Bryan Duxbury added a comment - I think Johnathan beat me to the punch, but generally, you can use array() to get the underlying array, and then the contents between .position() and .limit(). The entire message will be in the underlying array, but you're just supposed to not look at it
          Hide
          Jonathan Ellis added a comment -

          right, the idea is that we'll use the ByteBuffer offset and limit to avoid having to copy out each binary field into a new byte[]

          Show
          Jonathan Ellis added a comment - right, the idea is that we'll use the ByteBuffer offset and limit to avoid having to copy out each binary field into a new byte[]
          Hide
          Nate McCall added a comment - - edited

          After some initial experimentation patching these changes into Cassandra I have found some strange behavior.

          It appears the message is not being broken up correctly into component parts. When I examine the message to retrieve the key, it appears the whole message body is intact within the buffer. For example when I expect to receive "k1", the buffer contains the entire contents of a Cassandra insert:

          [0, 0, 0, 6, 105, 110, 115, 101, 114, 116, 1, 0, 0, 0, 4, 11, 0, 1, 0, 0, 0, 2, 107, 48, 12, 0, 2, 11, 0, 3, 0, 0, 0, 8, 73, 110, 100, 101, 120, 101, 100, 49, 0, 12, 0, 3, 11, 0, 1, 0, 0, 0, 9, 98, 105, 114, 116, 104, 100, 97, 116, 101, 11, 0, 2, 0, 0, 0, 8, 49, 57, 55, 53, 49, 50, 51, 48, 12, 0, 3, 10, 0, 1, 0, 4, -116, -127, 83, 19, -95, -32, 0, 0, 8, 0, 4, 0, 0, 0, 1, 0]

          Where previously, it was simply [107,49]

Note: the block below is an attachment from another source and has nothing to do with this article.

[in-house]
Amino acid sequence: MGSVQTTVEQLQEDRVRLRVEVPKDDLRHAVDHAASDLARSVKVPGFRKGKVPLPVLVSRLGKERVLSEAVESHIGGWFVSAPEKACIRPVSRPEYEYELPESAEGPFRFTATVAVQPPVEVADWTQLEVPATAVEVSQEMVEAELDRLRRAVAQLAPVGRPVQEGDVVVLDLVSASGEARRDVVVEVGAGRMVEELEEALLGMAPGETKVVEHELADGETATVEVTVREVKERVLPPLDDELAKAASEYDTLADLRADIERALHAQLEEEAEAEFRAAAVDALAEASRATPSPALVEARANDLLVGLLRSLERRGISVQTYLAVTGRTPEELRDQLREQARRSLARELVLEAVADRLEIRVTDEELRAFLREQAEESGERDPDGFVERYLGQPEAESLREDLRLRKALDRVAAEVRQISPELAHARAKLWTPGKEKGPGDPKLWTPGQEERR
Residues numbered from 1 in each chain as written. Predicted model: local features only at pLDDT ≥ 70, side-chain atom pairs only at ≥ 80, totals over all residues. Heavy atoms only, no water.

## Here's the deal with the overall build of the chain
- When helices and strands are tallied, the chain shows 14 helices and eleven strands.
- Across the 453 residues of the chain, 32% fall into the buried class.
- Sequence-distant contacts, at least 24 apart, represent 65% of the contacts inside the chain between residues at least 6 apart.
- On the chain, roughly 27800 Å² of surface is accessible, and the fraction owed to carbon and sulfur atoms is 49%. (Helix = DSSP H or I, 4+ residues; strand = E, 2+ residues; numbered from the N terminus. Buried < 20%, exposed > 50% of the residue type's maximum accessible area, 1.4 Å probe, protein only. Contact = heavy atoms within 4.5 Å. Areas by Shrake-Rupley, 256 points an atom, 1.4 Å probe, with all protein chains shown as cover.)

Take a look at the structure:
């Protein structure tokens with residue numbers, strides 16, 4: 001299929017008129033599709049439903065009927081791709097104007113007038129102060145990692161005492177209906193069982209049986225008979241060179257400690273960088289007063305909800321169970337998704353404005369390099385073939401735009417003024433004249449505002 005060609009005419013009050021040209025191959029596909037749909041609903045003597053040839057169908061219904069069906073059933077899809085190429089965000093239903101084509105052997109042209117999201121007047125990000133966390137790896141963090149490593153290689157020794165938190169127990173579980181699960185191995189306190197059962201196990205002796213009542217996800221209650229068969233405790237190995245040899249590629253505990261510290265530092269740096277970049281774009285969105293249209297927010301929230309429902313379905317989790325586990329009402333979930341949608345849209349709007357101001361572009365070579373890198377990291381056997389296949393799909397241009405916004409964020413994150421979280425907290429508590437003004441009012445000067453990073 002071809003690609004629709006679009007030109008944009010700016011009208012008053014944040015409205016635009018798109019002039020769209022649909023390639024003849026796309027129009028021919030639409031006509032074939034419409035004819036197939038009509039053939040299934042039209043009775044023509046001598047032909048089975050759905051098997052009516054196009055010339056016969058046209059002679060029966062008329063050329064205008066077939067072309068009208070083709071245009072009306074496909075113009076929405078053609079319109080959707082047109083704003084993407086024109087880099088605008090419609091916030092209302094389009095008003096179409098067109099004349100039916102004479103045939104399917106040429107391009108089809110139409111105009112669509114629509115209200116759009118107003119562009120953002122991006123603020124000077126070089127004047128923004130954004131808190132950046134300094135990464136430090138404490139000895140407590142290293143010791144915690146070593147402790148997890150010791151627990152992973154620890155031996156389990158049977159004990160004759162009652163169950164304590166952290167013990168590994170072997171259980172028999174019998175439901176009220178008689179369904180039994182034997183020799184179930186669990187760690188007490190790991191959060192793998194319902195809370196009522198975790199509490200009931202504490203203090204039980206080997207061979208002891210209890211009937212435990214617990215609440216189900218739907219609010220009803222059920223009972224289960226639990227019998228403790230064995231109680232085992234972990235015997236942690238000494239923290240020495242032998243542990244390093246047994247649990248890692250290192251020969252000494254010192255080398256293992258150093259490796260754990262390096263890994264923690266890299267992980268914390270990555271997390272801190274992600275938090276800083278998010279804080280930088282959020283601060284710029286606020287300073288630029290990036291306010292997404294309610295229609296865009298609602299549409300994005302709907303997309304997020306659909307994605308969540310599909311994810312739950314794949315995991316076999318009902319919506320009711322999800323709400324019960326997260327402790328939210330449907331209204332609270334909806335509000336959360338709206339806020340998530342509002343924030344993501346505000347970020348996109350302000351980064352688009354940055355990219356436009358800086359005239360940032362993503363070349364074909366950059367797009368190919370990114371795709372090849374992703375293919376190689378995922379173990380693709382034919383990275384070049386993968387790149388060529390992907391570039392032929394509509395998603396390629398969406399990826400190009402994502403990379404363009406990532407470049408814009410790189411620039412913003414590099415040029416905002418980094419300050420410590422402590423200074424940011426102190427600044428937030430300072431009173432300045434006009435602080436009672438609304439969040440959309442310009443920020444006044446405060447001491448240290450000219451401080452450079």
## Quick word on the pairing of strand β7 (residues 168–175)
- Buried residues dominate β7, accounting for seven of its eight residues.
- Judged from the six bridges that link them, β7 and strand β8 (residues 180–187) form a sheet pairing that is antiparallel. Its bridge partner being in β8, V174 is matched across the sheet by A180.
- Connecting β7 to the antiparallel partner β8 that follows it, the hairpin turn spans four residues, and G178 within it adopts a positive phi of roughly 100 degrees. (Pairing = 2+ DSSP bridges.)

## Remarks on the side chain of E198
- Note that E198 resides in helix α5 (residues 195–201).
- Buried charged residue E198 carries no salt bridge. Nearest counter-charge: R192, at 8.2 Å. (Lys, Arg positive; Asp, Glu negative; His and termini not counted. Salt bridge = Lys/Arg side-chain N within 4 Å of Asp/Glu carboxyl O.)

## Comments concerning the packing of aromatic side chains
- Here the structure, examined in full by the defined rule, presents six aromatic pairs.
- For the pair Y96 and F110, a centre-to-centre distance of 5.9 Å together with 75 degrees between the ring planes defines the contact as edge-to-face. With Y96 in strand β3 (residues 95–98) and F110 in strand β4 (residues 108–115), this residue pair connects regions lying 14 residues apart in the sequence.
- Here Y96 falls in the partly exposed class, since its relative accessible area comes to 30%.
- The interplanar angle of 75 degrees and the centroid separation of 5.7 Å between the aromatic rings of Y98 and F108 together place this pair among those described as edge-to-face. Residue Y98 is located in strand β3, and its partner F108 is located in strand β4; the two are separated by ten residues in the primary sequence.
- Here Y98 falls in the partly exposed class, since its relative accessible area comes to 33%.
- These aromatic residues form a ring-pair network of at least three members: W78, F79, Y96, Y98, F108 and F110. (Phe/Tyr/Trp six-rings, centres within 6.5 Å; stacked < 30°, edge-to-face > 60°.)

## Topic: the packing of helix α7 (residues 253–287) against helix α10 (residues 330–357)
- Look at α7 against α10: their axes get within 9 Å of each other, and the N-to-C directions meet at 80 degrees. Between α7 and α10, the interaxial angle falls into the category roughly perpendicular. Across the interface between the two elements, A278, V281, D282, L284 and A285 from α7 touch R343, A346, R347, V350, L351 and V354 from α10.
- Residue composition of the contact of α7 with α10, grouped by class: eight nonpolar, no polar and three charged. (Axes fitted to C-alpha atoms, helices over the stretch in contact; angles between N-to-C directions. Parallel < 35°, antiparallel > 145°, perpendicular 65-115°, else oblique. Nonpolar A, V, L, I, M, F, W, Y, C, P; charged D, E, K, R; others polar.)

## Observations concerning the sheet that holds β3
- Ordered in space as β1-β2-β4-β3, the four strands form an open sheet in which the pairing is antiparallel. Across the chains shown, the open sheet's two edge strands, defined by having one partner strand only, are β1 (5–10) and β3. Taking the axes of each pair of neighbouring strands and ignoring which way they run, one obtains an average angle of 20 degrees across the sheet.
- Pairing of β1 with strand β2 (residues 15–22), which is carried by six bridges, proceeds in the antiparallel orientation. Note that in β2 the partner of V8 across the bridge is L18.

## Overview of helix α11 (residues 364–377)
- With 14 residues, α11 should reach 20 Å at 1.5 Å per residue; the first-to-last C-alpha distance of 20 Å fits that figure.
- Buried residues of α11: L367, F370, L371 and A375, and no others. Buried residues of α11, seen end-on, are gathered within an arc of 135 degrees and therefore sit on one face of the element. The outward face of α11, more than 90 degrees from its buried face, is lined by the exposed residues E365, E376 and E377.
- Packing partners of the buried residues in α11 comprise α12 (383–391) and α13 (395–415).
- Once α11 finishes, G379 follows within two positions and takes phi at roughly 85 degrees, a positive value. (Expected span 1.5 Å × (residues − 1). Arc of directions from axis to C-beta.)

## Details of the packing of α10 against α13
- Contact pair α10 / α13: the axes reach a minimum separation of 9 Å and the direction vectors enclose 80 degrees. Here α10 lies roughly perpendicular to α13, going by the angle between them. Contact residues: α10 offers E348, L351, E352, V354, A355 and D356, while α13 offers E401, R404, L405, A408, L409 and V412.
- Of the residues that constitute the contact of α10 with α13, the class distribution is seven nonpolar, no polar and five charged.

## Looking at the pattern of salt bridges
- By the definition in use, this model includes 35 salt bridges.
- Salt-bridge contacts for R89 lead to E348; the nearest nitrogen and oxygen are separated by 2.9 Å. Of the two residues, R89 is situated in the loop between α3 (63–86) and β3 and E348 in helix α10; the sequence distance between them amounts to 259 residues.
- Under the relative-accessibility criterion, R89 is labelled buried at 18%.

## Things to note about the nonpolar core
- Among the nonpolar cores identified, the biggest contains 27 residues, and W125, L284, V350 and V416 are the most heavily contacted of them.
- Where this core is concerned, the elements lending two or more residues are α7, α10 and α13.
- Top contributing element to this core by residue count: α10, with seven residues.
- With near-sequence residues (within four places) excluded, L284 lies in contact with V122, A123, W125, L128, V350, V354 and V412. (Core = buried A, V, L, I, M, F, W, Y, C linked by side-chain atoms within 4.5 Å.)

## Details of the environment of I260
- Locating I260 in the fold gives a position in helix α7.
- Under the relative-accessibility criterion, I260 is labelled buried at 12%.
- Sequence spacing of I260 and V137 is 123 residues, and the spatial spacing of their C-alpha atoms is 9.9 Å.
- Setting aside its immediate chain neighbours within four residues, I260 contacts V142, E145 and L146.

I will try to distill this into a reproducable test case of some sort, but hopefully the above can at least provide some information.

          Edit: this is with TBinaryProtocol and TFramedTransport

          Show
          Nate McCall added a comment - - edited After some initial experimentation patching these changes into Cassandra I have found some strange behavior. It appears the message is not being broken up correctly into component parts. When I examine the message to retrieve the key, it appears the whole message body is intact within the buffer. For example when I expect to receive "k1", the buffer contains the entire contents of a Cassandra insert: [0, 0, 0, 6, 105, 110, 115, 101, 114, 116, 1, 0, 0, 0, 4, 11, 0, 1, 0, 0, 0, 2, 107, 48, 12, 0, 2, 11, 0, 3, 0, 0, 0, 8, 73, 110, 100, 101, 120, 101, 100, 49, 0, 12, 0, 3, 11, 0, 1, 0, 0, 0, 9, 98, 105, 114, 116, 104, 100, 97, 116, 101, 11, 0, 2, 0, 0, 0, 8, 49, 57, 55, 53, 49, 50, 51, 48, 12, 0, 3, 10, 0, 1, 0, 4, -116, -127, 83, 19, -95, -32, 0, 0, 8, 0, 4, 0, 0, 0, 1, 0] Where previously, it was simply [107,49] I will try to distill this into a reproducable test case of some sort, but hopefully the above can at least provide some information. Edit: this is with TBinaryProtocol and TFramedTransport
          Hide
          Jonathan Ellis added a comment -

          Cassandra is testing this over in CASSANDRA-1324.

          Show
          Jonathan Ellis added a comment - Cassandra is testing this over in CASSANDRA-1324 .
          Hide
          Bryan Duxbury added a comment -

          Here's my first go at this change. All the tests pass.

          Show
          Bryan Duxbury added a comment - Here's my first go at this change. All the tests pass.

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            • Assignee:
              Bryan Duxbury
              Reporter:
              Bryan Duxbury